There are two methods of collaborative testing: students can simply take the exam once in pairs or small groups, or students can take the same test twice, which is often referred to as double-testing.2,5,6 A typical double-testing session starts with each student completing the test individually. Once all students have finished and the answers are submitted, students are assigned to groups where they're allowed to review the questions and answers together before completing and submitting a second set of answers to the same questions. The group testing session typically lasts 15 to 20 minutes, which provides time for debate and discussion.

Double-testing results in two sets of test scores. An educator using this method needs to decide on a plan for final grading. For example, students may be given the highest score as a final score, or the two scores may be averaged to make up the final score. Additional details about final scoring are discussed below.

Collaborative testing has been used most often with paper-and-pencil testing, but it's also possible to utilize this method with tests taken electronically. Digital platforms can be set up to calculate grades. Collaborative testing methods can also be adapted for use in distance education via a discussion board.

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Groups and consensus

Groups must be created before the use of collaborative testing. Educators may choose to randomly place students into groups, allow students to form groups on their own, or assign students to groups based on preestablished criteria, such as nurses who work together in the same clinical area or nursing students who belong to a clinical group.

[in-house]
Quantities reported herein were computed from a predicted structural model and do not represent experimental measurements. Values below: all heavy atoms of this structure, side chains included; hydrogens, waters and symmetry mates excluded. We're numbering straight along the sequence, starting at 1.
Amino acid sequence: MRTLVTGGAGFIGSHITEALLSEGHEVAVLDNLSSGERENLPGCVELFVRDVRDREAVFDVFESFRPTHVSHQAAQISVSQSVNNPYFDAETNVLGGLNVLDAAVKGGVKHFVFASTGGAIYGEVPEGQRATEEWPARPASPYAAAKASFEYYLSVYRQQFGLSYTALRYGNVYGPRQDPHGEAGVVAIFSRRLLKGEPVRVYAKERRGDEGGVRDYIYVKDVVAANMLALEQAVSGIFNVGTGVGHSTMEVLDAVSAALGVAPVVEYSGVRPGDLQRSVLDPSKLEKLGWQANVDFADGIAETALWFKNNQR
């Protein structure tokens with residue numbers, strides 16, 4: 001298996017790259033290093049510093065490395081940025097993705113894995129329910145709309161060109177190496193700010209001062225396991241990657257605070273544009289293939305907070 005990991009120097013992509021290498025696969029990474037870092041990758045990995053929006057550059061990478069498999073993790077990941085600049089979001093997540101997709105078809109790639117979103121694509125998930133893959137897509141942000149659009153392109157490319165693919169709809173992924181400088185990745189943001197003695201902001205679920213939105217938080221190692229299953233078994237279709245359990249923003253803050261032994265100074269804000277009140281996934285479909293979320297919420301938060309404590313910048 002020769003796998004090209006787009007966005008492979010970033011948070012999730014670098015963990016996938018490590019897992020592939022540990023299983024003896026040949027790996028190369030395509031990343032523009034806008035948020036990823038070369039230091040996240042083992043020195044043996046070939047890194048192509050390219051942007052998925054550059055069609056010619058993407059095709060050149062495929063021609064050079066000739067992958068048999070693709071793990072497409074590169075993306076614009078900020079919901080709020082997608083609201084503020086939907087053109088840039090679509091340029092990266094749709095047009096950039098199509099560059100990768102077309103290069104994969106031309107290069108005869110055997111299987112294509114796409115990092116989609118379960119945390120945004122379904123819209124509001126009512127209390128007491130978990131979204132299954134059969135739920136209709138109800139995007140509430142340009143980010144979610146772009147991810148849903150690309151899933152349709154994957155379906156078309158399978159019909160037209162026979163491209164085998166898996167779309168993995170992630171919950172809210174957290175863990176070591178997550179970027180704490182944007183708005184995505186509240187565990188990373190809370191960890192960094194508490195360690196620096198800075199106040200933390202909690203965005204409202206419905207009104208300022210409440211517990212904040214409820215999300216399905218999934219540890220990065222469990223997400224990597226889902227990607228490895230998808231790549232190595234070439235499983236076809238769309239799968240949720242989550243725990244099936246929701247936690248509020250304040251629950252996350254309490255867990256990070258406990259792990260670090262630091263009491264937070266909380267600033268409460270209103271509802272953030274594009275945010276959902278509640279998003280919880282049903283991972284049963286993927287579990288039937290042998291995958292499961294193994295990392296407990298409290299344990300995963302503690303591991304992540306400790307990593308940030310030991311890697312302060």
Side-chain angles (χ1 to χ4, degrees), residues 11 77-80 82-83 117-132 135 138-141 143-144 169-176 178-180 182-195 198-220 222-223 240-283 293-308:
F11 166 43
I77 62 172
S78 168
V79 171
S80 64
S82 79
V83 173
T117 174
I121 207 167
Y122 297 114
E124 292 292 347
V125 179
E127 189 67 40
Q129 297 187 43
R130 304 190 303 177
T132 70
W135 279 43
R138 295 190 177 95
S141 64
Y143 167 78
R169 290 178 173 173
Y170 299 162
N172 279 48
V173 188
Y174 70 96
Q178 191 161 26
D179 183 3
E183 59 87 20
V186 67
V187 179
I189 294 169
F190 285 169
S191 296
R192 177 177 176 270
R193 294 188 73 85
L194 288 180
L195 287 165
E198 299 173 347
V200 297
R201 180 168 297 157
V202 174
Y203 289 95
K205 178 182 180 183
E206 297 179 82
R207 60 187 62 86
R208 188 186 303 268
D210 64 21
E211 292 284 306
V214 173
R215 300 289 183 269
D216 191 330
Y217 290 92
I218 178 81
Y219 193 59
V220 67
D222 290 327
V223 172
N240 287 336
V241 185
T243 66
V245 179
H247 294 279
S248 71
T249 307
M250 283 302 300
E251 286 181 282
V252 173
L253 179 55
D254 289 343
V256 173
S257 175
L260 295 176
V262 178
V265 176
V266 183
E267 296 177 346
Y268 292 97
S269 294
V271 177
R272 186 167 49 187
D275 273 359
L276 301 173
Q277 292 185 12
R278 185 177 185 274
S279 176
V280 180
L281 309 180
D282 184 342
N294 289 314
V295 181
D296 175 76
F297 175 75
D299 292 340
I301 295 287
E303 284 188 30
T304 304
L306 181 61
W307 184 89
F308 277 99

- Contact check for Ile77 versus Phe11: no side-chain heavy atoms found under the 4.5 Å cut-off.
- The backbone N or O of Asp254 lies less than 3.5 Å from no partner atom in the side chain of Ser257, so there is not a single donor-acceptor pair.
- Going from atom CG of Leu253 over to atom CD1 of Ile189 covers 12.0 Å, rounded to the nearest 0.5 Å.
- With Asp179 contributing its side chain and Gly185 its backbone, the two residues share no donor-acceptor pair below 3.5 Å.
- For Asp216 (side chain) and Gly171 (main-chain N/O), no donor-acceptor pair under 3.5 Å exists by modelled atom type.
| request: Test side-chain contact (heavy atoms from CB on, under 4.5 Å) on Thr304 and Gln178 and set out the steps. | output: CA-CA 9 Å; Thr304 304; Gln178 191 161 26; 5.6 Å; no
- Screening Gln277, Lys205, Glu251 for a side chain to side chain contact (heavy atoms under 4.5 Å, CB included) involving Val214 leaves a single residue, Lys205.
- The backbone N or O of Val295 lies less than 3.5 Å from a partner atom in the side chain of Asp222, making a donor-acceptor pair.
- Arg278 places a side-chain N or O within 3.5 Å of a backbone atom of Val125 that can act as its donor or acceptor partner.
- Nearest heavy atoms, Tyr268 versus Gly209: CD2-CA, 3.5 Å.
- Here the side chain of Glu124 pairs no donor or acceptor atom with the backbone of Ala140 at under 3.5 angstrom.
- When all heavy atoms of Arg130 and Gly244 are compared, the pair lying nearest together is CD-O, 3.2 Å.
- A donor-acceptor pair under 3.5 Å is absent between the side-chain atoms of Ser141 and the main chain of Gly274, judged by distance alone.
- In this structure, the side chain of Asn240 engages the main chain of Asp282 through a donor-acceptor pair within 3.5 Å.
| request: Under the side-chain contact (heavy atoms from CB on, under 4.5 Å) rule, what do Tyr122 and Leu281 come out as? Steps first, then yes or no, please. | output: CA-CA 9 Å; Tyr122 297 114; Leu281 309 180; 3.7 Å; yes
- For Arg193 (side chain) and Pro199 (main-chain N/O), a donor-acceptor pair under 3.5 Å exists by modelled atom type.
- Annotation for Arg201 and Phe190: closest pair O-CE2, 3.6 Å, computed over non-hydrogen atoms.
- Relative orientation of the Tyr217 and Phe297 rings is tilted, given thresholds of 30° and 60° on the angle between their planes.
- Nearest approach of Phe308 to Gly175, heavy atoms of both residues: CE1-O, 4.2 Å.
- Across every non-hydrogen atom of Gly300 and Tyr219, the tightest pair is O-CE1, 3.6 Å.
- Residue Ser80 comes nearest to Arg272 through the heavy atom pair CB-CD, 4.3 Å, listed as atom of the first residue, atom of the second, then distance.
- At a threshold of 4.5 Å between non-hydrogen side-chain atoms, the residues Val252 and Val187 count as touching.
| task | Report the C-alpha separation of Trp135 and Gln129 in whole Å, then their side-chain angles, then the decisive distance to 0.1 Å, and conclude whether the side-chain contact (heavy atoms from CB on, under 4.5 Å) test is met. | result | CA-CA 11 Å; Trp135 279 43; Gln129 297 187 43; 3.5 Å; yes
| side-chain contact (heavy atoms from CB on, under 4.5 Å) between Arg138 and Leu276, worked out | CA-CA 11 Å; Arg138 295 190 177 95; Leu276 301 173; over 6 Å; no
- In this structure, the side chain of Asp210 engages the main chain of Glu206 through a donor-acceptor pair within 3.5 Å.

While there is no ideal group size, some evidence suggests that small groups of about three students allow for the participation of all students and may encourage those who are typically quiet in the classroom to join the discussion.7,8

Educators also must decide about the requirement of consensus on the collaborative test. If the students are required to submit one answer sheet per group, they'll need to negotiate a consensus on each answer. Alternately, each student can complete an individual answer sheet following the group discussion. This method allows for more independent decision-making on the student's part.

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Scoring a collaborative test can take more time and be somewhat more challenging than scoring a traditional test. If consensus on test answers is required and students submit answers as a group, then each student will receive the group score. Grading is more complicated with double-testing because each student will receive two grades for the test. Refer to Grading methods in academic settings for various options.

If concerned about grade inflation, educators may decide to add double-testing points only after a student passes the exam independently.6,9 Although most students receive a higher score on the group test than on the individual test, occasionally a student will receive a higher grade on the solo attempt. To avoid punishing a student for collaboration, the final grade will be the higher score received on the individual test. Clearly communicate the testing method and scoring rules to students before testing.